Water-based transportation systems are integral to the experience of many National Park visitors. In fact, in 2012 and 2013 four out of ten of the highest use alternative transportation systems in the National Park service were water-based systems. In 2012 there were nearly 13 million passenger boardings on these systems.
Many National Park units are located on islands which are primarily accessed by ferry. These ferries provide a vital transportation link for staff and visitors to get to the parks, and allow for food and other essential cargo transportation. In fact, some water-based systems provide the only visitor access to parks or sites.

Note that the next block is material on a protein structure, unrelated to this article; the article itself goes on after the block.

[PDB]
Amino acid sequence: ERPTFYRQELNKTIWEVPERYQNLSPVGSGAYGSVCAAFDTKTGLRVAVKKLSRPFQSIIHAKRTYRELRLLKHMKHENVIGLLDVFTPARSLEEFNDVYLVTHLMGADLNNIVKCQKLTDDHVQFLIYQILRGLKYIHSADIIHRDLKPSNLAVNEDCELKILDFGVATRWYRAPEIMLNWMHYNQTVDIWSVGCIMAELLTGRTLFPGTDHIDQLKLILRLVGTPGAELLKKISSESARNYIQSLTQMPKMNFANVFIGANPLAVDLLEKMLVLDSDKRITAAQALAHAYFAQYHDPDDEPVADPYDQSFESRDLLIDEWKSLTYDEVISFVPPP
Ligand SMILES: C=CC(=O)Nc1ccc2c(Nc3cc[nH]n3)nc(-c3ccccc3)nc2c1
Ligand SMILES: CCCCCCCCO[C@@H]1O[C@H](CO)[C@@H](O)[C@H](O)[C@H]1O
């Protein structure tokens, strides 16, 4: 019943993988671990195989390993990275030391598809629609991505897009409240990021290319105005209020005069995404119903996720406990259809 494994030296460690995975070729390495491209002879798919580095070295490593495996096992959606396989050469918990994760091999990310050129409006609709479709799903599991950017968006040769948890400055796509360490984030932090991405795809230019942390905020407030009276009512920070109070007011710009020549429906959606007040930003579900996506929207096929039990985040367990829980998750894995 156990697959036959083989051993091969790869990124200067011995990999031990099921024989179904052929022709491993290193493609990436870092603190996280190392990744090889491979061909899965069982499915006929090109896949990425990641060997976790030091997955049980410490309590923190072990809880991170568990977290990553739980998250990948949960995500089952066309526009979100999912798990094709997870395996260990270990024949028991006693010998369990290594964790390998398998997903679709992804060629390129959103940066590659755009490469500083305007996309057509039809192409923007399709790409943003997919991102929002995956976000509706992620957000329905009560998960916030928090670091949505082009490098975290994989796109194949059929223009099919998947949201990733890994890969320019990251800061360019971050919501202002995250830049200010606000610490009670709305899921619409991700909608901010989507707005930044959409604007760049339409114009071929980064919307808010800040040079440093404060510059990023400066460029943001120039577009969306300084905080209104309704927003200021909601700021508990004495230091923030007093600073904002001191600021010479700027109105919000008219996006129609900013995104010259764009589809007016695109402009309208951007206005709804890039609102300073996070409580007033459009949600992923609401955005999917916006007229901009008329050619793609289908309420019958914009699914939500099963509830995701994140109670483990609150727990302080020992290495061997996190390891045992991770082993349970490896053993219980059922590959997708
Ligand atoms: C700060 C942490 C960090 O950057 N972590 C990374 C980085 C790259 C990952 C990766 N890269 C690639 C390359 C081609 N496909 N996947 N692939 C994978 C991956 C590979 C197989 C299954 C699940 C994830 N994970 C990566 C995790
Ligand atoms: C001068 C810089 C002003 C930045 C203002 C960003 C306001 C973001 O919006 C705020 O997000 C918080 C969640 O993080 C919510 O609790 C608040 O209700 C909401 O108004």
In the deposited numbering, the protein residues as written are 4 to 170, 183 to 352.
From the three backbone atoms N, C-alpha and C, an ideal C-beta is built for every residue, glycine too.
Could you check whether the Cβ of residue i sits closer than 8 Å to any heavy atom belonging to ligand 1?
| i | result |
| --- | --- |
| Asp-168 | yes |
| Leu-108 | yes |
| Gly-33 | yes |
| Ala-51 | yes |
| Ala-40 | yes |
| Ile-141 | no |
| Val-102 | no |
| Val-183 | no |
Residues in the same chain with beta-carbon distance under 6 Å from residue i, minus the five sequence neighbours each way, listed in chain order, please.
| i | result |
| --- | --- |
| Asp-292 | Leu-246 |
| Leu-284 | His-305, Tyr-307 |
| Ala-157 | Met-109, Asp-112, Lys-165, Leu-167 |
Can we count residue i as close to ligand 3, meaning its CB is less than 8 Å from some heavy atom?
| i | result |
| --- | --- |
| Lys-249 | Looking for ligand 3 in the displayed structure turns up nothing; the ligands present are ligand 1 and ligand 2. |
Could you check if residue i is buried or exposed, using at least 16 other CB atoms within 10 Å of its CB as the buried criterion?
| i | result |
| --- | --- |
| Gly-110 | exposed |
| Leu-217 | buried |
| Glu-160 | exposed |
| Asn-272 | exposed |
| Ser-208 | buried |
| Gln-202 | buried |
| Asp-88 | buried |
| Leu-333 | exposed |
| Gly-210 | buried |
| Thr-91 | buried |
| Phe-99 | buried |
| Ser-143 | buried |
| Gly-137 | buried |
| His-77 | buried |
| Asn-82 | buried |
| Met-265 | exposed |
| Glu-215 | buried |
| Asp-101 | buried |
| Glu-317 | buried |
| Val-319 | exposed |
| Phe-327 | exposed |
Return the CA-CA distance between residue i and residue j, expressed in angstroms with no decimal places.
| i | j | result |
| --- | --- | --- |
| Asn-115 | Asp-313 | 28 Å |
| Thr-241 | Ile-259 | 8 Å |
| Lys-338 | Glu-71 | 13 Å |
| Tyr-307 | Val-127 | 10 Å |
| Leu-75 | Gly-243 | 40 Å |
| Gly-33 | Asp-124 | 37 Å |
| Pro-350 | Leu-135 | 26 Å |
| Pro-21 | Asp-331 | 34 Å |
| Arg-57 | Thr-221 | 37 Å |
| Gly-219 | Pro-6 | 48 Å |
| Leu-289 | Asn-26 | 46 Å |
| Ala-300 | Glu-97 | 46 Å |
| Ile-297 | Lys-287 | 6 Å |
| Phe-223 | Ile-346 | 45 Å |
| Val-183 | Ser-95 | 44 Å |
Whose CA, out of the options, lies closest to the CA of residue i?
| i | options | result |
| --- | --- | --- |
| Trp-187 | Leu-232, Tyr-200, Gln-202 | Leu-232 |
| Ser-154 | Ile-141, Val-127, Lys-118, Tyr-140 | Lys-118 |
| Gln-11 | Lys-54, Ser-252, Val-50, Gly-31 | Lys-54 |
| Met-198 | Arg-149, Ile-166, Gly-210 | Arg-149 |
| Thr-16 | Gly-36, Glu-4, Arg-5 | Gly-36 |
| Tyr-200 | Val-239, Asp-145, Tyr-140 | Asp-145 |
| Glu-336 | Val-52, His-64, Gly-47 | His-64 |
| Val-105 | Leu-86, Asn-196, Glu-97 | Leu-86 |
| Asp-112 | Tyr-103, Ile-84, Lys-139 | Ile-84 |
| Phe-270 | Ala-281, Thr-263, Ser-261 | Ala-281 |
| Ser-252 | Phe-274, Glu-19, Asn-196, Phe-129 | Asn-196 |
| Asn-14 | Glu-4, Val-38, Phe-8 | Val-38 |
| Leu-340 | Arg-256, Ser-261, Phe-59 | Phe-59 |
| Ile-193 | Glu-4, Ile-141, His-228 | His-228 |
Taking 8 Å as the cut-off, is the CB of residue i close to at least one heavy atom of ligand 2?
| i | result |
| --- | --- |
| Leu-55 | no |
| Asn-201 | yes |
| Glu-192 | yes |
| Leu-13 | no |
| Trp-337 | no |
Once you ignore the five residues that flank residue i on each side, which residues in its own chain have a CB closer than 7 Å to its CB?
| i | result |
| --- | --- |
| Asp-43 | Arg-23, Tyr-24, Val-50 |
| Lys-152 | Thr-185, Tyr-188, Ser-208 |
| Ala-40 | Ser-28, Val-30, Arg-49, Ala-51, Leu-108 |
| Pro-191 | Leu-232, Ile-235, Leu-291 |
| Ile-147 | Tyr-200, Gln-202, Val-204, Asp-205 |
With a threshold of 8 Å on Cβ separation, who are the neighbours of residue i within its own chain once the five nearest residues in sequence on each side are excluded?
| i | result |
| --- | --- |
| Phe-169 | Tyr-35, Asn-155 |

In 2013, there were 40 water-based systems. Some of the ferries are owned and operated by the National Park Service, others are operated by approved concessionaires. In addition to the ferries themselves, the water-based systems include piers, marinas, constructed waterways and other waterfront systems. These systems accounted for 30.5% of all National Park transit systems.
The most used transit system in the National Park Service is the ferry system at Statue of Liberty and Ellis Island, which provides the only visitor access to the islands.
Water-based transportation also provides visitors the opportunity to enjoy the scenic beauty of parks from outside their personal vehicles. Additionally, park staff can provide beneficial interpretive tours and other educational services during water transportation rides.
Last updated: January 2, 2018